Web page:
As It Was: Medford Wild West Roper Greets Buffalo Bill Cody
A trick sharpshooter and fancy roper named Ruben Peyton grew up in the same town in Kansas as Buffalo Bill Cody, although Peyton was 11 years his junior.
Peyton and Maj. Gordon Lilly were neighbors, partners in the cattle business, and performed together in “Wild West” shows. In 1883, Lilly took the name “Pawnee Bill” while performing with Peyton.
Later, while managing his own act, Peyton met Ora Herron. He loved working in the shows, but because he wanted to marry Herron, and his own mother was not well, he quit the show and moved with his mother to Medford, Ore. In 1891, Herron and Peyton married in Jackson County, where they would raise 10 children.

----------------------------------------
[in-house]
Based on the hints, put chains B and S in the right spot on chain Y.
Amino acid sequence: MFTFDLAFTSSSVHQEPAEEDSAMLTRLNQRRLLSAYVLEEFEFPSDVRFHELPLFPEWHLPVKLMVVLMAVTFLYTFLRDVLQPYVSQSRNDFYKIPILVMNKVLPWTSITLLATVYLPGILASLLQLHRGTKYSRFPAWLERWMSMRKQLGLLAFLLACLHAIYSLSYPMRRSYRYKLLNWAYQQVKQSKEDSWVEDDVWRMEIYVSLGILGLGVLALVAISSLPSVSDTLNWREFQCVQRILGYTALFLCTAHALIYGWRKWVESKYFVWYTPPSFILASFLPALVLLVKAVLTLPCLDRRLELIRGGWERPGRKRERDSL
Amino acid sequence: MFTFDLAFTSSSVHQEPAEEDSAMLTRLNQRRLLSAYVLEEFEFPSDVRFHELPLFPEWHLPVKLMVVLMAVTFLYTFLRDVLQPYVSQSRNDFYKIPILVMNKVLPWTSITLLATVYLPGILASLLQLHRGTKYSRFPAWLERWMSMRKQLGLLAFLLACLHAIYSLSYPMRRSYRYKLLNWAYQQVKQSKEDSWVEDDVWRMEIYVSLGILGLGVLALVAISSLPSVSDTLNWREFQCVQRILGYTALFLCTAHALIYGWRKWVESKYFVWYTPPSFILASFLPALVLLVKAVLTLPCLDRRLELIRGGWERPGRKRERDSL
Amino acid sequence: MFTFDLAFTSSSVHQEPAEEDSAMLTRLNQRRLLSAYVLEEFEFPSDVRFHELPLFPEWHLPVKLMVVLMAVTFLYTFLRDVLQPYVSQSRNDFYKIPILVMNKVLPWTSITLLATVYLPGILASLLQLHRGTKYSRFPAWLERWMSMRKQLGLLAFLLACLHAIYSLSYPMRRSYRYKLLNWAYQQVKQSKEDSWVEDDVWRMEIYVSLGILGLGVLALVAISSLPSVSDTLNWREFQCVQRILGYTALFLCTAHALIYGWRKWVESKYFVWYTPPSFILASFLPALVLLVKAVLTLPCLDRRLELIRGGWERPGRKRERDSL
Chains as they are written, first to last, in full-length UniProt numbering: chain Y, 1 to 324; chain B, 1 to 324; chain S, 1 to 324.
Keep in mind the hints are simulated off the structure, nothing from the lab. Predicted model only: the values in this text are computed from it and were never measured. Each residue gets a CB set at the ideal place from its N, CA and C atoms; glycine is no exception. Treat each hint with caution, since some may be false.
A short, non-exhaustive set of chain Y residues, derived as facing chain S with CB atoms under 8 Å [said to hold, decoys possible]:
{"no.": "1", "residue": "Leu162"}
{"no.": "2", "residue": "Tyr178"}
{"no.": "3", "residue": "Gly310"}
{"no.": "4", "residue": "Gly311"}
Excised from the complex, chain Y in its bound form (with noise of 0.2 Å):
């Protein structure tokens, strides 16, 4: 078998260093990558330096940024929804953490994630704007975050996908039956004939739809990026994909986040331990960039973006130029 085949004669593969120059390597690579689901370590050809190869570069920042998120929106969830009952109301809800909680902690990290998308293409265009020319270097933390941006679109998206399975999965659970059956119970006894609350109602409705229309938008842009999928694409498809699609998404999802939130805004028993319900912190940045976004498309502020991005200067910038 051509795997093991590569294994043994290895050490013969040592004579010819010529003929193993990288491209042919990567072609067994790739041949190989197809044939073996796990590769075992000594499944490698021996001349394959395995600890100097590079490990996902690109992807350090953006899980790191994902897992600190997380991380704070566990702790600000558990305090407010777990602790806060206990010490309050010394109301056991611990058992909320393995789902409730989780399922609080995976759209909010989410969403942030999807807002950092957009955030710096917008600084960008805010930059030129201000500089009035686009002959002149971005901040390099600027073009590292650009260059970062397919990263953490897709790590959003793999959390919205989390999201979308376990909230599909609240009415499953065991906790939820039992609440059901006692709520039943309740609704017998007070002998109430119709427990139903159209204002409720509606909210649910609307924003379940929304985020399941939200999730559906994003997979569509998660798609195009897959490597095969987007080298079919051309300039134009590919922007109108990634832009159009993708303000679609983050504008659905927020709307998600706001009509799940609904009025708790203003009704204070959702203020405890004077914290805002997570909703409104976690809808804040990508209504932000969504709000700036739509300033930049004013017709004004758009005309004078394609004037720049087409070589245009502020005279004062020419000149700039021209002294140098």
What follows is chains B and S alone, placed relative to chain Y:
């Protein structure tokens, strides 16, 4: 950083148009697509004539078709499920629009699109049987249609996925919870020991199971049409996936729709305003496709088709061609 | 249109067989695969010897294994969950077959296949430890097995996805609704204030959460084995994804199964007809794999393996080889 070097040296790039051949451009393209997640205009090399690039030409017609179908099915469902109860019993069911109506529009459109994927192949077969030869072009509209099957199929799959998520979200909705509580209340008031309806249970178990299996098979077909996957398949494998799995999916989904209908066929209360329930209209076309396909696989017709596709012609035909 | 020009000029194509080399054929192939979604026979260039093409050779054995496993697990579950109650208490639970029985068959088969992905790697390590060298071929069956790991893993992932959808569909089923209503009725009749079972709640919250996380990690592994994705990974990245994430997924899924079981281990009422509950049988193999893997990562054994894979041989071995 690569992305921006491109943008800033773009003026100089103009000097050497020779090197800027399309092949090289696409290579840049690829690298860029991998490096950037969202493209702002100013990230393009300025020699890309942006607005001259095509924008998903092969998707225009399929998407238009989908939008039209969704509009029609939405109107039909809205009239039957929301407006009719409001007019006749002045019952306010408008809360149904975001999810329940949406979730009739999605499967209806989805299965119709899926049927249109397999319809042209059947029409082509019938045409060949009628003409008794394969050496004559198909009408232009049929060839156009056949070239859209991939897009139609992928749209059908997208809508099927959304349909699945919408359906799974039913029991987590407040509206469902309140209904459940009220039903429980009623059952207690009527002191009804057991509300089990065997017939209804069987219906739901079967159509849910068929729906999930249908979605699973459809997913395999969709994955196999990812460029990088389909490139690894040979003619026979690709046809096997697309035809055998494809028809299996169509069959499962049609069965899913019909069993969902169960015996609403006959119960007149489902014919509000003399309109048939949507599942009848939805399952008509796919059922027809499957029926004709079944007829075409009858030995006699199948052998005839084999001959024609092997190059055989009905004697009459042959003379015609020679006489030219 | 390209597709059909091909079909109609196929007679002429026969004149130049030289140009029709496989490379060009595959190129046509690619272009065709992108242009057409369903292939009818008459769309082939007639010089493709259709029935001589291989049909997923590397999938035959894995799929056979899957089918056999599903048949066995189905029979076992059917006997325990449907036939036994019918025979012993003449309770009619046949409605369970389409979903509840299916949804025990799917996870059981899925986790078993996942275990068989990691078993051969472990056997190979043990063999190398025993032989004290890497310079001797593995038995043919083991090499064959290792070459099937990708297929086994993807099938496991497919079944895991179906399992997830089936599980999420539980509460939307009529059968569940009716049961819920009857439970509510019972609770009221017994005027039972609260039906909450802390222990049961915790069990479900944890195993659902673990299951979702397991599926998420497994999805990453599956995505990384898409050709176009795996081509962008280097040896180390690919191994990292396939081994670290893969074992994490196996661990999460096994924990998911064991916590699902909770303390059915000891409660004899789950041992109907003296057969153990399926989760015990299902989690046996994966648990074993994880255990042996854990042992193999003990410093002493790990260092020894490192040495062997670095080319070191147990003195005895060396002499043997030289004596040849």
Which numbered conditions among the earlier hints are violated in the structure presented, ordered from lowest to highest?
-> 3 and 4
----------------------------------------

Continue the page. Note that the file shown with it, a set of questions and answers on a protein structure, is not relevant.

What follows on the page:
Meanwhile, Pawnee Bill and Buffalo Bill partnered in their Wild West Show and worked all over the country as the “Two Bills.” Medford was one of their last stops on their final tour in 1910. More than 12,000 spectators gathered at Phipps pasture to see the show and Peyton and his family were honored guests.
The Two Bills later became Wild West legends as did Peyton, namesake for the Peyton Bridge at Lost Creek Lake and the Peyton Post Office.
Sources: Hegne, Barbara. “Wild True Tales the Early Settlers of Southern Oregon.” Vol. 1, Freestyle Graphics, 2002, pp. 71-75; Wyatt, Steve M. "Buffalo Bill: Stampeding into Southern Oregon." Table Rock Sentinel, Mar. 1992, pp. 2-11, www.sohs.org/sites/default/files/magazines/1992-02.pdf.